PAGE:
clip_image014

LightSwitch will guide us to create an Add/Edit Details Screen. Name the new screen NewSurvey. Click OK.

clip_image016

Define steps for the wizard

In the New Survey screen, you will notice we have one tab group under the Tabs node.

clip_image018

We want to simulate a 3-step wizard by using 3 tabs, showing one tab (step) at a time.

Add 2 new tab groups by right clicking on Tabs node.

clip_image020

Select the first tab group. In Properties, change Name to Step1.

clip_image022

Name the same property to Step2 and Step3 for the other 2 tab groups.

Since we only want to show one question for each step, move Name directly under the first tab group.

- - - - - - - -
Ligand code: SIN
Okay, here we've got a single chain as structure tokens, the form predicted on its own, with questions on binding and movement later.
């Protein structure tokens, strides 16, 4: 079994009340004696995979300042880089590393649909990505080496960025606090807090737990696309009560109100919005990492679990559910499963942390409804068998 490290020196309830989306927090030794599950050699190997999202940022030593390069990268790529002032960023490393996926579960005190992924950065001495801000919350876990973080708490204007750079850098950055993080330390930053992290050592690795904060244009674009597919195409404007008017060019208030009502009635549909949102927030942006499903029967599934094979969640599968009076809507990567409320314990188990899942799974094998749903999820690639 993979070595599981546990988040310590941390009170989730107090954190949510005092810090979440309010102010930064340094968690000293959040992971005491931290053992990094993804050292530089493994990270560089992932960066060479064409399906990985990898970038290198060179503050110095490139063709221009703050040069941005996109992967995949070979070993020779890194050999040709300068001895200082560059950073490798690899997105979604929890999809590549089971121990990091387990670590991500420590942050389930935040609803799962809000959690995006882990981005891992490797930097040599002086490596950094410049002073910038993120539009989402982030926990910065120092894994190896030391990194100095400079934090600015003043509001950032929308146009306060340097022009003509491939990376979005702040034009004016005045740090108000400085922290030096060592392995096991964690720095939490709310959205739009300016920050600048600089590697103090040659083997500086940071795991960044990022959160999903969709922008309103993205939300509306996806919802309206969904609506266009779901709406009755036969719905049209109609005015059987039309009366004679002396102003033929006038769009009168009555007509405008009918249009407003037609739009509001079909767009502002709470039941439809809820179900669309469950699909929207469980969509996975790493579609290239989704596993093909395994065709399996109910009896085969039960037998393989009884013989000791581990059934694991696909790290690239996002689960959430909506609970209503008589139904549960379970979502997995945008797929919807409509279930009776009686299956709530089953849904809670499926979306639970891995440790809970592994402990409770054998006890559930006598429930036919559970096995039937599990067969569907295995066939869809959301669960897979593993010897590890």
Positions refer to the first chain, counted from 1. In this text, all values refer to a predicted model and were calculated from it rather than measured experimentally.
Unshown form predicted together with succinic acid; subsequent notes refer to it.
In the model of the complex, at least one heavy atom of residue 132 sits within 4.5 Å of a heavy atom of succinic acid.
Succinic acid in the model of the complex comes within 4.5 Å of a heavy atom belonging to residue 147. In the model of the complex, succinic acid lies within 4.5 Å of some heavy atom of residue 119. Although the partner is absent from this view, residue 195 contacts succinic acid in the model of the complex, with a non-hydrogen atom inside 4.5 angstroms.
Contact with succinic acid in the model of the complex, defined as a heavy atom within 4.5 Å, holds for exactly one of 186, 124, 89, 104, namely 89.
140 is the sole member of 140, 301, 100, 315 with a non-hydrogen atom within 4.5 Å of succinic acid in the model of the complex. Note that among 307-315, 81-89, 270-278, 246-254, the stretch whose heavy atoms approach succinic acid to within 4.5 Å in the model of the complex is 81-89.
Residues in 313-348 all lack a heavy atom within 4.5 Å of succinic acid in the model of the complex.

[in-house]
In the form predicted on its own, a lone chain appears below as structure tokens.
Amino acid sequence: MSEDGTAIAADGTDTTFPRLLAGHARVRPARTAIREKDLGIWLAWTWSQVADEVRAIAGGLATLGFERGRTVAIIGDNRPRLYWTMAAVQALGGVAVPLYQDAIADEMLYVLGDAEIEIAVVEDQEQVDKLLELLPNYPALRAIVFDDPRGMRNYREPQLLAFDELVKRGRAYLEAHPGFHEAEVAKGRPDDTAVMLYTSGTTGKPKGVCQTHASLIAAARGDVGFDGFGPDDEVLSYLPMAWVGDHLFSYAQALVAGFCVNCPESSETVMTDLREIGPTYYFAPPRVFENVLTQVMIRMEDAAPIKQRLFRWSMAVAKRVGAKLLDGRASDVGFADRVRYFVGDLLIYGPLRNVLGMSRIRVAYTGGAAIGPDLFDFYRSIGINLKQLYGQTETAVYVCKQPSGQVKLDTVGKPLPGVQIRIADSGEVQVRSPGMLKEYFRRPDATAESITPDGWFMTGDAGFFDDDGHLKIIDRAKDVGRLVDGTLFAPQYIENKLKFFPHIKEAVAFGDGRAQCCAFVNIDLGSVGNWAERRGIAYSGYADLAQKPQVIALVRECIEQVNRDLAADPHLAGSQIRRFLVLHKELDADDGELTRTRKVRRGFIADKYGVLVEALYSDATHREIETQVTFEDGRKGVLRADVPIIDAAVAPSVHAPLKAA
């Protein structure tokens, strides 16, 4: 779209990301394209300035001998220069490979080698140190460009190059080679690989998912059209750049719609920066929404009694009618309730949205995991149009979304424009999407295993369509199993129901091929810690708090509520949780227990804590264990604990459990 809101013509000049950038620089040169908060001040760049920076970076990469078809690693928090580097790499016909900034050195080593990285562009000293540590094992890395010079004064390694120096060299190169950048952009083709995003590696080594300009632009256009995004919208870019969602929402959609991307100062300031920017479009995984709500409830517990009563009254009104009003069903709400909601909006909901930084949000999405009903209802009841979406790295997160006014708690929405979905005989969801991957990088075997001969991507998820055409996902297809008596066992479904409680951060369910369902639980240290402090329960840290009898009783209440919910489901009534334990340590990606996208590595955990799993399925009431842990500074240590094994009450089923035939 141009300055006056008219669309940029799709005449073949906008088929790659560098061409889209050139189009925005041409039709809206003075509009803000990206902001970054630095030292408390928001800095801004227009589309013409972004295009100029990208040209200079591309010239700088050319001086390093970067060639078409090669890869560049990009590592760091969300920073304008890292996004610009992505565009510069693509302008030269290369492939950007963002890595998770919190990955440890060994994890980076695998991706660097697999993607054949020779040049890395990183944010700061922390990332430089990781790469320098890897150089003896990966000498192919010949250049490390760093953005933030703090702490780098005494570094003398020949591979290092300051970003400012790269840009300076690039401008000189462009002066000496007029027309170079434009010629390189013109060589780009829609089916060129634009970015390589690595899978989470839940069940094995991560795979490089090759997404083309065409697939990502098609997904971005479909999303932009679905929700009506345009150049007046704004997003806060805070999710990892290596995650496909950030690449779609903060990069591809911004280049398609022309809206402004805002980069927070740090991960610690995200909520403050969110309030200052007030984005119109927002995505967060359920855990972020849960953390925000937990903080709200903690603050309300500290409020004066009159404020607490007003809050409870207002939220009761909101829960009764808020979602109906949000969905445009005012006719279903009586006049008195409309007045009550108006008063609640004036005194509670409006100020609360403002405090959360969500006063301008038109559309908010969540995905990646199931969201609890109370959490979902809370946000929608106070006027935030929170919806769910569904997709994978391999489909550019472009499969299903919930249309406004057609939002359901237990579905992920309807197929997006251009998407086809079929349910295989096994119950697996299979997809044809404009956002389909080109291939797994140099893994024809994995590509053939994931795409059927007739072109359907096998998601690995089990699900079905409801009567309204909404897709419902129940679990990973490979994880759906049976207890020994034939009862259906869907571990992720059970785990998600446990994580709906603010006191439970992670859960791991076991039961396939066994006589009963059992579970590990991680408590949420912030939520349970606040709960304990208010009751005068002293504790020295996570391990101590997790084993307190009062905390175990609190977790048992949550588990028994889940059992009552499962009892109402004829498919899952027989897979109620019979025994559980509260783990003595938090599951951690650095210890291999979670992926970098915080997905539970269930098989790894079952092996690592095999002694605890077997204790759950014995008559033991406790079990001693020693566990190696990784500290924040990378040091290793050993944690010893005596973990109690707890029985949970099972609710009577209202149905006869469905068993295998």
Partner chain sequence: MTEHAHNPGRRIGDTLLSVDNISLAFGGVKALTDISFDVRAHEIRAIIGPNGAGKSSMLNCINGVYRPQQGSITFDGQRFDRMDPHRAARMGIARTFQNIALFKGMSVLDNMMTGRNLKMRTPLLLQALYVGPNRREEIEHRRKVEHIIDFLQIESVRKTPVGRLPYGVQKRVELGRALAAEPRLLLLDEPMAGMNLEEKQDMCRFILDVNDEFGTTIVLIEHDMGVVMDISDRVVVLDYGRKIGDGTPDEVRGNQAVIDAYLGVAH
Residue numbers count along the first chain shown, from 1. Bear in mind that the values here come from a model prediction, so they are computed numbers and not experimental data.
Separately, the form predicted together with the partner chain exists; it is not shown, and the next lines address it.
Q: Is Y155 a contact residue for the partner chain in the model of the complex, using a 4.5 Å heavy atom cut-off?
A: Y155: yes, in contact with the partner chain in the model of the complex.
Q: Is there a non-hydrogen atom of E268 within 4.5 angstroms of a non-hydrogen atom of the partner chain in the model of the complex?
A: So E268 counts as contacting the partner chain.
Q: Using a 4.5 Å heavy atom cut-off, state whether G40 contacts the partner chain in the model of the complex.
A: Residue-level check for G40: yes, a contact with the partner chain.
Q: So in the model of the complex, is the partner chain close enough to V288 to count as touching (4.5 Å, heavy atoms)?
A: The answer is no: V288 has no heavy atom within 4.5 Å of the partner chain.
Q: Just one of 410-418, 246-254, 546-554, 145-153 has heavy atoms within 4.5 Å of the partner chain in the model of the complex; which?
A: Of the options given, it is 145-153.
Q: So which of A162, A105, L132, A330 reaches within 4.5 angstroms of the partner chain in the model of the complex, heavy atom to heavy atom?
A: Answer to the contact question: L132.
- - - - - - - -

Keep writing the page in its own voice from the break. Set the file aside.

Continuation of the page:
clip_image024

Move Quest and Color to Step2 and Step3 tab groups respectively.

clip_image026

Since we have no use of the columns node under the first tab group, delete it.

clip_image028

Hit F5 key to run the application. Click the Add Survey button. You will see we have an add dialog to add a new survey. There are 3 tab groups, each containing a survey question.

clip_image030

Customize the dialog into a “wizard”

To make this more like a step-by-step wizard, we need to do a couple of tweaks. First, we only want to show the Save button in the last step. Second, we want to hide the tab titles to prevent the user from jumping directly to a step.

Close the browser and go back to Visual Studio. Let’s make these changes.

In New Survey screen, select the screen root node. Go to Properties window and check Hide Tab Titles. This will hide the title of each tab group. Also select Browse for Screen Type. This will display a Close button instead of a Save button in the modal dialog.